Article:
What to Invest in During Inflation

A person is weighing different investment options during inflation

Inflation is a fact of life in the national and global economies. We can’t say that we “always” live in inflationary times, but we certainly can say that inflationary periods are very common. Historians believe that even the early Roman Empire suffered from inflation. In modern history, some of the most severe cases included the German hyperinflation crisis of 1923, and more recently, we’ve seen extreme inflation in Venezuela, Yugoslavia, and Zimbabwe.

Admittedly, these are extreme cases, and we’re not predicting a return to these levels among the industrial countries, but more “normative” inflation periods can still do damage. The US saw a 14.6% inflation rate in the 1980s and experienced an 8% average inflation rate in 2022.

The evidence is overwhelming that inflation is unavoidable; it won’t always be with us every year, but it will never go away completely. You have to plan for it. Fortunately, adjusting your financial strategy to account for inflation will help to provide better results and avoid losses in the purchasing power of your assets.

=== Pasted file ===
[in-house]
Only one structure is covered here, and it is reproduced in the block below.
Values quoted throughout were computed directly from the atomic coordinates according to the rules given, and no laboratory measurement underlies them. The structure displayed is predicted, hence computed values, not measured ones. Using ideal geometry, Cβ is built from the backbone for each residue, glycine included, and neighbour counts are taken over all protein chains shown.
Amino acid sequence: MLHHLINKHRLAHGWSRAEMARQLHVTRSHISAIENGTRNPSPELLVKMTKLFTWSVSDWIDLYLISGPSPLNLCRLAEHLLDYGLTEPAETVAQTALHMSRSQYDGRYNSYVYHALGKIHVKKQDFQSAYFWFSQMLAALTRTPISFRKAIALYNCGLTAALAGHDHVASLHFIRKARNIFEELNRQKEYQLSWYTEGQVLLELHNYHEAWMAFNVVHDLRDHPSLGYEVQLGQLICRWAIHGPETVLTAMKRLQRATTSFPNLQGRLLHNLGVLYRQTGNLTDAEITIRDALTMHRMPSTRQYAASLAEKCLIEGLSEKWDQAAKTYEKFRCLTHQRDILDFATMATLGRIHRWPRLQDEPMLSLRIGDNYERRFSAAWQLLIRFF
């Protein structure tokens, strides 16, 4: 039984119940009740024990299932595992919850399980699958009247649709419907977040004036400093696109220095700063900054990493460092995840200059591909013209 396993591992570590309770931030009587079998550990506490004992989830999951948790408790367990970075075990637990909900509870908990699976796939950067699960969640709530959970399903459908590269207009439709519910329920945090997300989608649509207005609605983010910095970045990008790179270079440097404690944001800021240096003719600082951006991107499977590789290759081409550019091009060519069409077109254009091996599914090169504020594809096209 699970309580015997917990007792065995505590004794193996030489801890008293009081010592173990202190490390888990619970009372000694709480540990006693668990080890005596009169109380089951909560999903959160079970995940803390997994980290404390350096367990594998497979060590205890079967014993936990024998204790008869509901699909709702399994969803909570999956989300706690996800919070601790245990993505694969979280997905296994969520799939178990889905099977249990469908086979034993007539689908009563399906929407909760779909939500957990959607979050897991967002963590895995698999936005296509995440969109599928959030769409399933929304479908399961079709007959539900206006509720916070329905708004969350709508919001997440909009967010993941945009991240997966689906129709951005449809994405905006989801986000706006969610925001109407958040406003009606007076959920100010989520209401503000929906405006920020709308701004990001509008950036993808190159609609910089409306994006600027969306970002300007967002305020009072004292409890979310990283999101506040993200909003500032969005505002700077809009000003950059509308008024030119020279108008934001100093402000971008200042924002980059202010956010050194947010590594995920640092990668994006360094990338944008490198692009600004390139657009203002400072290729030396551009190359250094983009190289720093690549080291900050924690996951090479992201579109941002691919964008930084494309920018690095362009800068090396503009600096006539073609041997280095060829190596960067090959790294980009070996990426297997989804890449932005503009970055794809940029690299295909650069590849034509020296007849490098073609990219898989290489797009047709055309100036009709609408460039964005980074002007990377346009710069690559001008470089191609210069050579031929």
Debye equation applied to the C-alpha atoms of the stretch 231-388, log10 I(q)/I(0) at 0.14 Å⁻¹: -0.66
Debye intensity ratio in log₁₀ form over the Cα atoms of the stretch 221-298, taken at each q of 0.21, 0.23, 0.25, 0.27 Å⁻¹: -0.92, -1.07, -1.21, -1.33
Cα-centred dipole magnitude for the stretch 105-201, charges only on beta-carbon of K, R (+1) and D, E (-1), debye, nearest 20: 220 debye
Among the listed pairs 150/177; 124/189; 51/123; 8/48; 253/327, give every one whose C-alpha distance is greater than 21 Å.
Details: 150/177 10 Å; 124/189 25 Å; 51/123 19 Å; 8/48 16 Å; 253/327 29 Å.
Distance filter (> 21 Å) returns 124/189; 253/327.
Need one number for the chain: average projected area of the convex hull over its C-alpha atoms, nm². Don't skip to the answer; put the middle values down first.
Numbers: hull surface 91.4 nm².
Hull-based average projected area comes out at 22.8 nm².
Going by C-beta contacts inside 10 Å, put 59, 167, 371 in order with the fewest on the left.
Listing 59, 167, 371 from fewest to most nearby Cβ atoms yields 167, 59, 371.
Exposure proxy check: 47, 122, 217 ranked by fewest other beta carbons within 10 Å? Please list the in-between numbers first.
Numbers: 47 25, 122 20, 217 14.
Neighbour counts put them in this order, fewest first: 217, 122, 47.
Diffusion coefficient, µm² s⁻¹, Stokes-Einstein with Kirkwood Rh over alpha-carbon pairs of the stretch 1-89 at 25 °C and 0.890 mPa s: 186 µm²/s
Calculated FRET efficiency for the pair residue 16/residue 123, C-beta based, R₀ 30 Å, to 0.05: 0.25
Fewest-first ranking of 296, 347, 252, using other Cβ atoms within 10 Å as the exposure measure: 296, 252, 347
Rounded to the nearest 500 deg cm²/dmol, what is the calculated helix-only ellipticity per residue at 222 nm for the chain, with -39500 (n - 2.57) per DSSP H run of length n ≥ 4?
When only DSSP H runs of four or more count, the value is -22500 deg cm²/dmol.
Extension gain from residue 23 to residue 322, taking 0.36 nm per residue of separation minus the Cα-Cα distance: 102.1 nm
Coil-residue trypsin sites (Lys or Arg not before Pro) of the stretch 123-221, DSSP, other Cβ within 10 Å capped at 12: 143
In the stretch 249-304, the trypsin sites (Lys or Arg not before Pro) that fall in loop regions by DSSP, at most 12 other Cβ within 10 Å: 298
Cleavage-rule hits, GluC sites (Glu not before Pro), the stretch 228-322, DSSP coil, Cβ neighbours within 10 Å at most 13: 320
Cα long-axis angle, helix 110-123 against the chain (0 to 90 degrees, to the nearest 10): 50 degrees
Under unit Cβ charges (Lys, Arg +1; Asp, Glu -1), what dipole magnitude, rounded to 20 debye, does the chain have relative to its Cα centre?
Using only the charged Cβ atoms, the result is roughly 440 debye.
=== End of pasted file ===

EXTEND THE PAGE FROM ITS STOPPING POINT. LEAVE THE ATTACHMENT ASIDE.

Keep reading to learn more about inflation and its effects on investments and the broader economy. Then, find more information about what to invest in during inflation.

Key Takeaways

Table of Contents | Where to Invest During Times of Inflation

What Is Inflation? How Does It Affect Economic Activity and Investments?

Inflation occurs when the prices of goods and services in an economy generally rise. We typically measure inflation by the consumer price index (CPI), which reflects this “general” level of prices. This broad measure is important because rising prices in one sector of the economy, or even a couple of sectors, are not inflation. At any given time, there can be competitive reasons why the prices for some products or services are increasing or decreasing.